Thank you for your response. Some comments.
With respect to the Bene Gesserit project, my concern was not so much the eugenics, which may or may not be the proper lens with which to judge this. Instead, my concern was on the fact that they appeared to ignore the deep mystery from which the miraculous emerges. Where is the notion, for example, of the kairos? Or the notion of the Hermetic correspondentia?
The rest of my response is about what you had written on Jung. Let me begin with your claim of sex scandals regarding Jung. While I am aware of such claims about Jung, the claims I have seen have largely been ill-informed. This is not to say that Jung made uncontroversial choices regarding his relationships and that these choices did not cause significant suffering. However, a great deal of nuance and proper information are required here. One of the works which I consider to meet such a high standard is Dr. Lance Owens’ Jung in Love: Mysterium in Liber Novus (see enclosed link [A]).
I should also say that two of the individuals Jung had a relationship with, Maria Moltzer and Toni Wolff, both of which is covered in Dr. Owens’ book, also figure in Jung’s Black Books. Jung’s Soul talks about them a number of times. In fact, Toni Wolff was instrumental in helping Jung through his confrontation as she had already traversed the terrain he was walking on, and she was even able to speak with one of the figures Jung encountered – Ka. Thus, Jung’s relationships are exceedingly complex and multi-dimensional and extreme nuance is required.
With respect to Jung and fascism, antisemitism, and Nazism, we likewise must be exceedingly careful and nuanced here. To be clear, Jung did not “apologize” and attempt to “make amends.” It is unclear why he would think he needed to do so. However, there is much here to be explored. For example, his short 1936 essay Wotan (CW 10) contains some very complex ideas, the ramifications of which few have explored. For example, Jung writes not only about the god Wotan, but also a distinct archetype Wotan. This archetype is not universal, but cultural – it is the specifically German archetype of the Self. And in 1936, before it was known what Nazi Germany was doing and planning, Jung held open the possibility of either complete destruction or the possibility of spiritual transformation on a culture level. An excellent work which explores this is Dr. Carrie Dohe’s Jung’s Wandering Archetype: Race and Religion in Analytical Psychology (see enclosed link [C]). It also explores the problematic nature of the intellectual traditions Jung drew from. One more thing – we learn in the Black books that Jung himself, like Nietzsche, had encountered Wotan.
The issue of Jung and antisemitism is extremely complex. It is so complex that, in 1989, there were at least two conferences held to discuss this issue, a book which covers this being Jung and the Shadow of Anti-Semitism: Collected Essays (see enclosed link [B]). I should note that there was a text published just this year which is worth reading – Anti-Semitism and Analytical Psychology: Jung, Politics and Culture by Dr. Daniel Burston (see enclosed link [D]).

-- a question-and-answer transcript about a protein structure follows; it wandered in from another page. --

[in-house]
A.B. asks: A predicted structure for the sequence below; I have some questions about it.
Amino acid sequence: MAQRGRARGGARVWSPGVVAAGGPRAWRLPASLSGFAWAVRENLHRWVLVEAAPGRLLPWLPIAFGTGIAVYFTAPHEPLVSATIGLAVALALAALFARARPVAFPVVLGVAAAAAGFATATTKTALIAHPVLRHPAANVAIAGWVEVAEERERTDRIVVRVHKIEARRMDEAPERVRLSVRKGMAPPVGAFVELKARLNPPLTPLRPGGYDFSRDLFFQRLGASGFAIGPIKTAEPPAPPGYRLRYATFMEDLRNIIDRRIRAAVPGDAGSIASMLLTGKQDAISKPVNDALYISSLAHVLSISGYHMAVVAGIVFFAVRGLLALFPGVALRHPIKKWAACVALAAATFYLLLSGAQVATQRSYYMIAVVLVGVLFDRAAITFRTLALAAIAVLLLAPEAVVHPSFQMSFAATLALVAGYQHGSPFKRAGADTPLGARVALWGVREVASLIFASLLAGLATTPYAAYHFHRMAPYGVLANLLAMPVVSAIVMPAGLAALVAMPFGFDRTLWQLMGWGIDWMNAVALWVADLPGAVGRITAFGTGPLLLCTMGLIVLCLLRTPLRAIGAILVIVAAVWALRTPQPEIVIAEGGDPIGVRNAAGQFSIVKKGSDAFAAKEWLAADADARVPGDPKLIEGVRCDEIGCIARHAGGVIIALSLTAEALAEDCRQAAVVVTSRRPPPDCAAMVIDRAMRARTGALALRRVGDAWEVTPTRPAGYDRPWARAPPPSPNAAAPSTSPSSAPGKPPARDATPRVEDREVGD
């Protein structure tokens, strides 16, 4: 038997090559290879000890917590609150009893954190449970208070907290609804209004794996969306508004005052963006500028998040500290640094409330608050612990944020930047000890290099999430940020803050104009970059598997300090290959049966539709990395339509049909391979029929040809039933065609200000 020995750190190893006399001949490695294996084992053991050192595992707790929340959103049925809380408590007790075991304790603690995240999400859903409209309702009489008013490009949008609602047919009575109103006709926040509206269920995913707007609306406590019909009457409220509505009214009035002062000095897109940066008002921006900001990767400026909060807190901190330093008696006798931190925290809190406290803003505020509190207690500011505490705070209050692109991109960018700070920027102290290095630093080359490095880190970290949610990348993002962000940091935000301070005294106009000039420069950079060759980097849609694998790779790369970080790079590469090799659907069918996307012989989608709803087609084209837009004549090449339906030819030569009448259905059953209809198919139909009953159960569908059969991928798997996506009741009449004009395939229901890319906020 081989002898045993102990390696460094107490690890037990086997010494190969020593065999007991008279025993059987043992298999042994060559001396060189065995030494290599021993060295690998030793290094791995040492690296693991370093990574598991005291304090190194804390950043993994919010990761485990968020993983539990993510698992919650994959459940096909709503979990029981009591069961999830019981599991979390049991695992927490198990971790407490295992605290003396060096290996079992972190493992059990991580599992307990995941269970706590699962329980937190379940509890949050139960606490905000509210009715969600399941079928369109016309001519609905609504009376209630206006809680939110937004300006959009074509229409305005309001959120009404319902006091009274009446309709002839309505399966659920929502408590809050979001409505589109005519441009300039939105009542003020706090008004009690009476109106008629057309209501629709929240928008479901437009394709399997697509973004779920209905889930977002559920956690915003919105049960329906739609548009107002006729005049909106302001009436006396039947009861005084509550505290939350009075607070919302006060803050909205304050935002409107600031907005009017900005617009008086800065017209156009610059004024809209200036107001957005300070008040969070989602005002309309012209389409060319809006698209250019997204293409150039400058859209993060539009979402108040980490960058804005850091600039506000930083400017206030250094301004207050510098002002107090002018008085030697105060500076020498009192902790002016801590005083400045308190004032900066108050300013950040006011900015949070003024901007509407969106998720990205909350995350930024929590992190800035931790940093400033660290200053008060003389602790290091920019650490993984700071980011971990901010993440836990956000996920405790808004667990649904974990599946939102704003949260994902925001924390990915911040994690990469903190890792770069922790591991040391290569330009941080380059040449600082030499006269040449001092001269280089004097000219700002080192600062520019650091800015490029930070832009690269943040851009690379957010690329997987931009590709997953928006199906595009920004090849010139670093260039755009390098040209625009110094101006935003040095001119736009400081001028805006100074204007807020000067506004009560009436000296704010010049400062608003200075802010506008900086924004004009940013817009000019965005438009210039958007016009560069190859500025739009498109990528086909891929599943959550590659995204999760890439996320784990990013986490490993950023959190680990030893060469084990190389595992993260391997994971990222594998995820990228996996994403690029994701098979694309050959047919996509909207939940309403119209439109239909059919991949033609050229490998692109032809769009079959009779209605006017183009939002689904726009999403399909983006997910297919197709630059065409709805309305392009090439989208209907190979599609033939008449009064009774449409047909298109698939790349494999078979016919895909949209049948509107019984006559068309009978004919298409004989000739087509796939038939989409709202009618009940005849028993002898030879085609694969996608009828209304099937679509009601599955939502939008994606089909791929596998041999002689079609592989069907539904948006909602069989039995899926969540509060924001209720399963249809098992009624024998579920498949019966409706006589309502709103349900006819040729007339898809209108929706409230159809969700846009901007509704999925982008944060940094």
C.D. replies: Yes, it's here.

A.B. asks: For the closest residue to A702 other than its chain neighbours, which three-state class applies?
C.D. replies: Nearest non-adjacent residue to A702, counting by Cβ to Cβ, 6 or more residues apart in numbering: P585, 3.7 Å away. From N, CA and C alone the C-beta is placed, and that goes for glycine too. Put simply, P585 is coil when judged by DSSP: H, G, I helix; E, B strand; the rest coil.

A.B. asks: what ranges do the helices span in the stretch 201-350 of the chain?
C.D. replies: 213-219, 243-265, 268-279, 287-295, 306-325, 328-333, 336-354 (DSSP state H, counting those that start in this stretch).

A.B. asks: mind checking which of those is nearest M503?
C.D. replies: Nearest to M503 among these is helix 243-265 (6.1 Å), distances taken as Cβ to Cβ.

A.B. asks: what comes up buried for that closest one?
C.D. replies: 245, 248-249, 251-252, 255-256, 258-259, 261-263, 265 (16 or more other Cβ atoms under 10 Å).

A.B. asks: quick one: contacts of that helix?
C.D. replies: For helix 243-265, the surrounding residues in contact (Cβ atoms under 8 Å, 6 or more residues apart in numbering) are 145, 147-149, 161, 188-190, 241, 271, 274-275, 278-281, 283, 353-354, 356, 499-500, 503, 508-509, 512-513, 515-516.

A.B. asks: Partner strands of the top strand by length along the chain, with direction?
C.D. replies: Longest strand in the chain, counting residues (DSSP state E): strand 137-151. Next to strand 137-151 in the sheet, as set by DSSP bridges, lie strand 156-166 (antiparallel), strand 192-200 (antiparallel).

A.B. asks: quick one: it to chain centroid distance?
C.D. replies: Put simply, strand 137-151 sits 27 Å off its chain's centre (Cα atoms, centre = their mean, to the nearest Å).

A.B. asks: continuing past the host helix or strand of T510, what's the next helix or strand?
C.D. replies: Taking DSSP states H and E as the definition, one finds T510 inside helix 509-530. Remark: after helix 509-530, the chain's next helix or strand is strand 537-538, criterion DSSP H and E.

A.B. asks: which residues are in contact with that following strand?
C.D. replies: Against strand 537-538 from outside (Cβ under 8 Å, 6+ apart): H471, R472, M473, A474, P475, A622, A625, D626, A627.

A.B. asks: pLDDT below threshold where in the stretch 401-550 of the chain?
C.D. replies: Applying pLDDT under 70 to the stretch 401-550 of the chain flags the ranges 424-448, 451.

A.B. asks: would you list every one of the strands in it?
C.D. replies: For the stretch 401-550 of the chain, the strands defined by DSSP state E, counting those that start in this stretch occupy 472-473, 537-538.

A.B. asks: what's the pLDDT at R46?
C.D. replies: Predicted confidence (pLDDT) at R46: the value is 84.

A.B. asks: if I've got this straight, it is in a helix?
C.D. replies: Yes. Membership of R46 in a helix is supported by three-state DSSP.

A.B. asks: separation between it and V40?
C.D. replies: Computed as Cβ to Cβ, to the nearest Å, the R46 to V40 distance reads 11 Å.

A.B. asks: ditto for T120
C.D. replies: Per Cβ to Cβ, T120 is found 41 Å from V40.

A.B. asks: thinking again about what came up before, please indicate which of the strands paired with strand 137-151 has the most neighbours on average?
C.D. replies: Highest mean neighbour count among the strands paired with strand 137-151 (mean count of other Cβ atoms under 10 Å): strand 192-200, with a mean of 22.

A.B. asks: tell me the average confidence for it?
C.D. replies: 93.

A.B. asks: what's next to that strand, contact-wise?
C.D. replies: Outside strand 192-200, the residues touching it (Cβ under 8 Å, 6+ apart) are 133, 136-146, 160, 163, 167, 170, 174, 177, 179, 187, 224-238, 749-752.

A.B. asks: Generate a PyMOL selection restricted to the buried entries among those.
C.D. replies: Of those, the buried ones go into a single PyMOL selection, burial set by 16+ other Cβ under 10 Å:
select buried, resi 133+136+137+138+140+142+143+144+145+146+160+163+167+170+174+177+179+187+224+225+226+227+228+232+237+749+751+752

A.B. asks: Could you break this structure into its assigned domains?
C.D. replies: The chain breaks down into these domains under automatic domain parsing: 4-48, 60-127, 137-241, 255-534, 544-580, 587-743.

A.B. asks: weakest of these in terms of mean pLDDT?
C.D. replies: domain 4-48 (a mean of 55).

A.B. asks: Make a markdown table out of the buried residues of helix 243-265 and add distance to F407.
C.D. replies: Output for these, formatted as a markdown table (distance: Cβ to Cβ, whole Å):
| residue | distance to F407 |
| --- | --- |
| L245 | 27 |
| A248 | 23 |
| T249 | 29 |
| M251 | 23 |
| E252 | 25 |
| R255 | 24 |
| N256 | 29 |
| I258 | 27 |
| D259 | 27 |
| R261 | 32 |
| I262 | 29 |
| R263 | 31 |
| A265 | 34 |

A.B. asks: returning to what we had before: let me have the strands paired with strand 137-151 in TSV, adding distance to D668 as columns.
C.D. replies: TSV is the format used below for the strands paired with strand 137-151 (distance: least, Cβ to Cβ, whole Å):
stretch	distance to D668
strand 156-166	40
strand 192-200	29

I think you misunderstood what I said regarding Ka and Philemon and what they represent. First, you said that Jung had a “Gnostic bent.” This certainly is not true when he first experienced Philemon (as magician in 1914 and as spiritual teacher in 1916), and Ka in 1917. This is because it was only in 1915 when Jung discovered that it was the Gnostics who had experienced the unconscious as he was at that time. Jung would go in to study the Gnostic works over the next decades and arrive at the conclusion that it was the beginning of a lineage which led through medieval and early modern Latin alchemy and connected to his Analytical Psychology.
But, in the Black Books, Jung is careful to choose neither Philemon nor Ka, neither the spirituality of the heavens nor the concreteness of the Earth. As I said, he instead chooses life itself. And neither the Gnostics nor Jung were dualists. On the contrary, the syzygies and opposites are seen as grounded in an underlying unity. This unity is imagined by the Gnostics as the Pleroma, by the Latin alchemists as the unus mundus, and by Jung as the psychoid unconscious. It is through the coniunctio oppositorum that the creative unity is either seen or manifested. Thus, in Liber Novus, the opposites that Philemon and Ka represent along with the opposites of the anima, is represented as a quaternio, the center being the quinta essentia which unified the opposites.
— Robert E. Juliano, Ph.D.
A. Jung in Love: Mysterium in Liber Novus by Dr. Lance Owens
B. Jung and the Shadow of Anti-Semitism: Collected Essays
C. Jung’s Wandering Archetype: Race and religion in analytical psychology by Dr. Carrie Dohe
D. Anti-Semitism and Analytical Psychology: Jung, Politics and Culture by Dr. Daniel Burston